In 2012 die-tech was certified, by the National Wildlife Federation, as a Wildlife Habitat. Some of the first steps to achieve this honor were: reducing the amount of land mowed around the building; removing invasive species of plants, and; requesting the reduction of herbicide use within the cell tower site on the property.
An inventory of key native plants was conducted by a York County Master Gardener, and recommendations to improve our habitat for native birds and insects were made, including:
install bluebird nesting boxes,
install bee nesting boxes,
plant milkweed (two varieties of milkweed were found occurring naturally on the property, milkweed is the most important food for Monarch butterflies),
add a birdbath outside our library window, and
install a rainbarrel on the downspout closest to the birdbath.
All this has been completed.
Six bluebird boxes have been added to the outlying landscape, we are hoping we will attract 2-3 nesting pairs of bluebirds, and perhaps wrens or swallows. Three bee nesting boxes have been installed at points closer to the building and our gazebo so that we will be able to observe their use by native bees.
Surely everyone can understand the excitement of seeing those flashes of brilliant blue as the bluebirds drop to the ground in search of grasshoppers to feed their young — but, what may be a little more difficult to understand is why we would provide nesting boxes for bees.
Bees are endangered worldwide
Bees are the most important pollinators of fruits, vegetables, and flowers in the United States. One out of every four mouthfuls of food that we eat was created due to the efforts of a bee. And all bees throughout the world are endangered due to habitat loss and use of pesticides. Some of the things we wouldn’t have to eat if bees disappear from the landscape? Most fruits (apples, cherries, grapes) and berries (blueberries, strawberries, raspberries) along with some vegetables like tomatoes, squash, pumpkins, eggplants, and peppers would either disappear or be so highly priced due to hand pollinating requirements that most of us would not be able to afford to eat them. Coffee and chocolate would also be removed from our lives!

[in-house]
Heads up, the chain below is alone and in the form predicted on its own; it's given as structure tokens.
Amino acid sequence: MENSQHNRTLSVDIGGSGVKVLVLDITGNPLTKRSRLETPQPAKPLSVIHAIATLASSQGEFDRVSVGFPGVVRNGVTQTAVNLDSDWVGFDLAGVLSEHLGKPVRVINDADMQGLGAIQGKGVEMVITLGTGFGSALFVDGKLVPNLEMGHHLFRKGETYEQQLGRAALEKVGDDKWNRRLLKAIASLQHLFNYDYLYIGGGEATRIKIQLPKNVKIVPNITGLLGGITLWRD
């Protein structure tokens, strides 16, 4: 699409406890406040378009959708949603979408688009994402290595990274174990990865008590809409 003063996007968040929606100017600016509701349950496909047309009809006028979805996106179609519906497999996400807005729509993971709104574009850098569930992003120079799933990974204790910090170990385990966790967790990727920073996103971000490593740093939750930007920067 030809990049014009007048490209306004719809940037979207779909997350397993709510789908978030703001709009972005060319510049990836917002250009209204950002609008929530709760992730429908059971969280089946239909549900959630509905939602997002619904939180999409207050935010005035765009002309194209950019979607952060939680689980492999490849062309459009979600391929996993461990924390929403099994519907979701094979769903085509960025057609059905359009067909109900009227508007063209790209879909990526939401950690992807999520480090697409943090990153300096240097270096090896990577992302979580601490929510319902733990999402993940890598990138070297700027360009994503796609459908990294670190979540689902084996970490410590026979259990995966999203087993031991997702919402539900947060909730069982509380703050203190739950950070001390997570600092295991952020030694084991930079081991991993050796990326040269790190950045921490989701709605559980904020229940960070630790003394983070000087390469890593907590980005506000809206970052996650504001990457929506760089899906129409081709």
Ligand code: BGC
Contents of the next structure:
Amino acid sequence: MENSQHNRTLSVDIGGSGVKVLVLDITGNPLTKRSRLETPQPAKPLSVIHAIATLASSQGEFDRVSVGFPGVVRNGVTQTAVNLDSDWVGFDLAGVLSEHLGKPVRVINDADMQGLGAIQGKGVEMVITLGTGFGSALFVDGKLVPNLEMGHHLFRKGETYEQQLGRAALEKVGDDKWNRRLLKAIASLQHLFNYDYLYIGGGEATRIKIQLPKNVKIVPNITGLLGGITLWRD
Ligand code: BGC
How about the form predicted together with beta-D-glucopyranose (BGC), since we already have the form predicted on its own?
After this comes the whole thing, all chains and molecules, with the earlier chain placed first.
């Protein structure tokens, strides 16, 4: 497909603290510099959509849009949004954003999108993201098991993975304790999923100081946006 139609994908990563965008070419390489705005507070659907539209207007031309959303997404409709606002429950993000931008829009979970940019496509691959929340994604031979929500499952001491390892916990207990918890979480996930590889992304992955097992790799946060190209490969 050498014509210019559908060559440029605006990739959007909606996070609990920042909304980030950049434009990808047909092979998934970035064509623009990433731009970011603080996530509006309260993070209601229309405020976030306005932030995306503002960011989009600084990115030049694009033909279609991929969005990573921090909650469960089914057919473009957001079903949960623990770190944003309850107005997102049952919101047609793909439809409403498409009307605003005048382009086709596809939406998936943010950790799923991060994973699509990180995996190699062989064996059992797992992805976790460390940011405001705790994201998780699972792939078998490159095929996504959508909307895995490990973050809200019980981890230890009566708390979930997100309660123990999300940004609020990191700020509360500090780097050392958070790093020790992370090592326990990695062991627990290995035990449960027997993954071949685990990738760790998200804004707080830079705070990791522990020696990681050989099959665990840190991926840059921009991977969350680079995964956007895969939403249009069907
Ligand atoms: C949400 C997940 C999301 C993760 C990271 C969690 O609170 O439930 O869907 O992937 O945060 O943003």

Bee nesting boxes provide a place for the native bees already in the landscape to lay their
young.One can tell that a variety of native bees are using the nests when different types of “plugs” appearing in the tubes of the nesting box. Some of these tiny bees use mud, some use grass or bits of green leaves, and still others use wood shavings that they remove from the inside of the tubes.
Do native bees sting? Native bees are unlikely to sting, in fact native male bees have no stinger at all. And the females are so busy getting ready to produce the next generation that unless one grabs and squeezes these bees you won’t get stung.
Control & use storm water
At the northwest corner of the building a rain barrel has been installed. This barrel will capture rain from the roof to be used to maintain the birdbath that can be observed from the library windows. The rainbarrel outflow will also help move excess water away from our building’s foundation. die-tech has always had Killdeer (a type of bird) nesting on our property during the summer –they discovered, and started using, the birdbath within hours of its installation!
Turkey & Black Vultures
We have vultures, both Turkey and Black, that use our cell tower as a roost . It is especially exciting during the fall migratory season when we have counted as many as 60 big black birds ‘kettling’ in the sky over our parking lot getting ready to spend the night in the tall trees at the edge of our property.
Should you visit die-tech, we hope you will take a moment to observe, and enjoy, how nature is responding to our efforts as we become better stewards of the land.